Upbringing and circumstance—and the consequences of a lifetime of decisions—all shape us to varying degrees. And the environment undoubtedly plays some role. But, at the core of it all is our genetics, the foundational biologic blueprint of our physical—and psychological—being.
Carried forward through the eons, each person's DNA, copied from the preceding generations' template, conveys a host of traits—simple features such as eye and hair color, and complex characteristics ranging from intellectual acuity to predisposition to disease.
And now, aided by unprecedented technology stemming from the Human Genome Project, each of us has access—at least in part—to the living source code behind our identities.
But are we ready to open this Pandora's box? The mapping of the human genome has raised far more questions than it has answered. And concerns about the uses and utility of a person's genomic data, along with ethical issues, dull the shiny optimism that once cast a glow on this crowning scientific achievement.
The code within
In humans, the genome comprises about 3 billion couplets of information called base pairs. Distributed among 46 chromosomes—arranged in 23 pairs—they encode the genes that control our biological processes, from the cells up.
The Human Genome Project, launched in 1990, gave the first complete sequence of those base pairs in 2003. More than a decade later, vast amounts of information—disease markers, common traits, even surprising links between humans and other hominids—have surfaced.
For example a multinational group of researchers published surprising results in 2010 comparing the human genome to that of Neanderthals, and showing the two species interbred. The findings sparked interest among the public and scientists alike, including Michael Waterman, University Professor and USC Associates Chair in Natural Sciences.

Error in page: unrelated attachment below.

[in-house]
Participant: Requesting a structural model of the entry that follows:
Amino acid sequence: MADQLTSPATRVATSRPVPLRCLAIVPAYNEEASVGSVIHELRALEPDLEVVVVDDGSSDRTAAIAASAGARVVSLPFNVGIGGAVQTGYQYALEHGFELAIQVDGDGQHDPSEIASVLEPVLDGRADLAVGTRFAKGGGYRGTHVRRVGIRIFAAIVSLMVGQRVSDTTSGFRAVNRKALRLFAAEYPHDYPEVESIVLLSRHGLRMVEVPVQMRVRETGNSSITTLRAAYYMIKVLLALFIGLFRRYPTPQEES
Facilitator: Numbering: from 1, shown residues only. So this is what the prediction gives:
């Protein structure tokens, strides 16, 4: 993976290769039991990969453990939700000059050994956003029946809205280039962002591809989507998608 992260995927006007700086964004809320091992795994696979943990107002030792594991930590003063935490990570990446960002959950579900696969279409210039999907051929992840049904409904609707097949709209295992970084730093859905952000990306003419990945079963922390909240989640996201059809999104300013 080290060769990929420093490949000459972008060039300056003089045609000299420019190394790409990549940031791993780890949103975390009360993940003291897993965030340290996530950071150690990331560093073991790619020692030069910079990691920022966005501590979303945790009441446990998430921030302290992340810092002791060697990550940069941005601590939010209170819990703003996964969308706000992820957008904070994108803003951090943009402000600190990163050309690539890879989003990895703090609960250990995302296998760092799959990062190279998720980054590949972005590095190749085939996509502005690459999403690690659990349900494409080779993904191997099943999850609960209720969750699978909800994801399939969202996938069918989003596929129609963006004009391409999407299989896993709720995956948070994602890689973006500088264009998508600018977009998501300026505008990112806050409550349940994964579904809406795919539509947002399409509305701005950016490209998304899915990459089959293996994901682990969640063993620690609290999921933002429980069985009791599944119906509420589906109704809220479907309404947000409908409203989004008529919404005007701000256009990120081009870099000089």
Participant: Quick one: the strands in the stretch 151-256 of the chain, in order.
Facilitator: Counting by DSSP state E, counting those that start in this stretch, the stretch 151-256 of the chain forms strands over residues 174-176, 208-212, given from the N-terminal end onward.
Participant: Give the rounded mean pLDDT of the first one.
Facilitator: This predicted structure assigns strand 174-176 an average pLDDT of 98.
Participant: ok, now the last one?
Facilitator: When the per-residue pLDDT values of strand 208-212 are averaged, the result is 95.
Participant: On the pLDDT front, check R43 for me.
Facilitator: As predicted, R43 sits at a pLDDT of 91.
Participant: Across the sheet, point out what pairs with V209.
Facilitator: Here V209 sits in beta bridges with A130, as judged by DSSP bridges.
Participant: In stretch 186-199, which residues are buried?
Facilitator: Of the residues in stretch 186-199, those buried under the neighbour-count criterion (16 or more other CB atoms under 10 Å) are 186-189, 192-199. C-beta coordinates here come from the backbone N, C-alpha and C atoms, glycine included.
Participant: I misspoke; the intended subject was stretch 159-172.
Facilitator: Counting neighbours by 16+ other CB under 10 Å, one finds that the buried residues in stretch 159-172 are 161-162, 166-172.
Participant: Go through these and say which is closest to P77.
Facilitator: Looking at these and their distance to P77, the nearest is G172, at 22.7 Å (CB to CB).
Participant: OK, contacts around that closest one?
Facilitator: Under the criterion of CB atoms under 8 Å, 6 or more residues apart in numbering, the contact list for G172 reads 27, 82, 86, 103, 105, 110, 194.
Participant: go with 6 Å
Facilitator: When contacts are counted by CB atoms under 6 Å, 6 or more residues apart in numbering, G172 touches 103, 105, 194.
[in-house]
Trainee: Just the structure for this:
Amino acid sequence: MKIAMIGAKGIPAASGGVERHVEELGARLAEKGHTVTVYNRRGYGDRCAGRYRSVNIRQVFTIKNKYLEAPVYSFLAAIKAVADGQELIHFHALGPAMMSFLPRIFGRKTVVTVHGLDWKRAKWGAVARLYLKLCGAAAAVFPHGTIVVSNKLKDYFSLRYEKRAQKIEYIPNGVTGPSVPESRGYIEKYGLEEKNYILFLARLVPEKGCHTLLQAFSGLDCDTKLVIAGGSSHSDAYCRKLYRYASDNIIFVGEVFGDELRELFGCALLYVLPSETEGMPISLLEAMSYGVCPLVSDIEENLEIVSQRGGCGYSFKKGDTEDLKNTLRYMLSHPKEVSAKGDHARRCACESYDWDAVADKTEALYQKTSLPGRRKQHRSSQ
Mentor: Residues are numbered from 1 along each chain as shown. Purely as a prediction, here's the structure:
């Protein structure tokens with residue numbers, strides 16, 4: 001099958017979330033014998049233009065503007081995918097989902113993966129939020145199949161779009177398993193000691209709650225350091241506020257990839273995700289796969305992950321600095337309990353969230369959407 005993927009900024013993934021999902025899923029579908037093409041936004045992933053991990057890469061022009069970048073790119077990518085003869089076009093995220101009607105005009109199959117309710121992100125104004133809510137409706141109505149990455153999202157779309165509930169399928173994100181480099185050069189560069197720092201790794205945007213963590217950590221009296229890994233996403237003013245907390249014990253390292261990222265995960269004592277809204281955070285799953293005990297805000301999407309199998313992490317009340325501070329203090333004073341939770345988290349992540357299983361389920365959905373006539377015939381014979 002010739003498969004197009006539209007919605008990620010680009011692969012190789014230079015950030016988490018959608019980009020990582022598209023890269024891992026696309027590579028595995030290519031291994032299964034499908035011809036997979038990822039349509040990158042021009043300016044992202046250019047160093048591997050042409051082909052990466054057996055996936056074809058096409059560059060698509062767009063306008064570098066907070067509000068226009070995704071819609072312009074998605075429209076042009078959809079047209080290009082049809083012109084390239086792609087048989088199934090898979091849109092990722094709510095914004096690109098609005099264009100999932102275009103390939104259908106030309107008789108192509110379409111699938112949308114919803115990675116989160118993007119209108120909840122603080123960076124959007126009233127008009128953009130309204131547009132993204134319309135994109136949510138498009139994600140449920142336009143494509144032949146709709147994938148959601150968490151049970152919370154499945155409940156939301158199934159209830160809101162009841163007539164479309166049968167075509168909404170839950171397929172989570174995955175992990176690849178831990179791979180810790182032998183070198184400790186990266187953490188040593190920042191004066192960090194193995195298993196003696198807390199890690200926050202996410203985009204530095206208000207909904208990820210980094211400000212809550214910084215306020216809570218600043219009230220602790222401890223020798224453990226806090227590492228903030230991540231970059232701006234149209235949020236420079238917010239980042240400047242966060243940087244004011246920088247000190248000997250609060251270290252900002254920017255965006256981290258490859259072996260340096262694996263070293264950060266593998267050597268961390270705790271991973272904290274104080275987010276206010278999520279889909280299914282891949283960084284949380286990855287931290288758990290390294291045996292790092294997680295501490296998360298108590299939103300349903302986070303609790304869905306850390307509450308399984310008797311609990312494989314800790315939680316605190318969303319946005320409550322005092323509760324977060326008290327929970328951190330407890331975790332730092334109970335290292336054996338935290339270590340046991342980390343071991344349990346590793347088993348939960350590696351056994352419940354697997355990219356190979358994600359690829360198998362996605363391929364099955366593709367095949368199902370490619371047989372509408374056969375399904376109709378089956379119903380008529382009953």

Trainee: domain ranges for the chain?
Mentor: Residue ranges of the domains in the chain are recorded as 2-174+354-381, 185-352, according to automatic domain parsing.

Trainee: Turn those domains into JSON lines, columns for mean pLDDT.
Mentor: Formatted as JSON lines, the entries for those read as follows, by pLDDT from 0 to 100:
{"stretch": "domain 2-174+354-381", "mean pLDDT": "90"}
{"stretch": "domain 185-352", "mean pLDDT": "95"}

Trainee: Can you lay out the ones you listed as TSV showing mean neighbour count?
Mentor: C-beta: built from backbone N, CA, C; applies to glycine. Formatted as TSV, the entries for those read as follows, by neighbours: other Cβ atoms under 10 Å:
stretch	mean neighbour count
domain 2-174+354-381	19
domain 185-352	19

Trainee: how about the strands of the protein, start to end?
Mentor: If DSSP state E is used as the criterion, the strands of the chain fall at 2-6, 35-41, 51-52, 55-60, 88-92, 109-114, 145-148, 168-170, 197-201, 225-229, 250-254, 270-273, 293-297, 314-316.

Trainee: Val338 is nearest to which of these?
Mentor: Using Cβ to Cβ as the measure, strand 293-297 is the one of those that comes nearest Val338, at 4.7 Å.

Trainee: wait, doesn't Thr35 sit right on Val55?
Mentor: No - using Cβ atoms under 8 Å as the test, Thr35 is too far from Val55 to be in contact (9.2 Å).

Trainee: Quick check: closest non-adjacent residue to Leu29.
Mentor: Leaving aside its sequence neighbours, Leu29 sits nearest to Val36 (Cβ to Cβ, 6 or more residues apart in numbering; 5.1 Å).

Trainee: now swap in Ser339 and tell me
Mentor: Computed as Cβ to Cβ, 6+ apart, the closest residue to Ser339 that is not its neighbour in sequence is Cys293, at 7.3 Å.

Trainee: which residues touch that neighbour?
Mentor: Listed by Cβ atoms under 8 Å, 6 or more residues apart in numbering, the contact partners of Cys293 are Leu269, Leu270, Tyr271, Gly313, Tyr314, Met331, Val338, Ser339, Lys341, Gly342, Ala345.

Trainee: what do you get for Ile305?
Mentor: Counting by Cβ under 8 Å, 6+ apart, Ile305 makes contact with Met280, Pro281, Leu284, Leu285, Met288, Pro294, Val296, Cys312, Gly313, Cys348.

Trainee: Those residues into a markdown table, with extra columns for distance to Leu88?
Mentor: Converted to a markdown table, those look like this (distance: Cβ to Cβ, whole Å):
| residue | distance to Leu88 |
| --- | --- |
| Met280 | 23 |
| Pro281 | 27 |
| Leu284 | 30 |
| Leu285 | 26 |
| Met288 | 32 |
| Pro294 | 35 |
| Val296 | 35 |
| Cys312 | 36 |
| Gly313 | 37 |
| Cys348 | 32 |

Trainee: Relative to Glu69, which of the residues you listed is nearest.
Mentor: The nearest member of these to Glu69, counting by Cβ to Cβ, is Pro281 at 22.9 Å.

"I used to find human evolution really boring," said Waterman, professor of biological sciences, computer science and mathematics. "I was just totally indifferent to it. But getting the Neanderthal sequence and realizing we had these percentages of it floating around in our genomes, now I'm absolutely fascinated with this."
A founder and leader in the computational biology field, Waterman co-developed the Smith-Waterman algorithm for sequence comparison and the Lander-Waterman formula for physical mapping, two fundamental algorithms used for the mapping of human sequence information in the Human Genome Project.
Subsequent work suggests humans harbor genetic traces of a second or even third species, and despite striking findings such as these, Waterman believes we are just beginning to touch on the knowledge within our genomes.
"Oh, I think we're just scratching the surface," Waterman said. "We've learned so much compared to what we knew 20 or even just 10 years ago, but compared to what there is to learn, we are just babes."
The plummeting cost of sequencing a genome may quicken the pace. An astronomical $10 million in 2006, the price tag is only about $1,000 a decade later. This increased cost-efficiency, driven by evolving technology, is allowing ever-increasing returns on the project's initial investment of $2.7 billion, which was justified by the promise of near-unlimited improvements in human health.
Further, the technology is now within range of many consumers' financial means, allowing them to catch a glimpse of their molecular selves, including their risk of disease. For many, this is the where the real payoff begins.
The right to know—and heal—yourself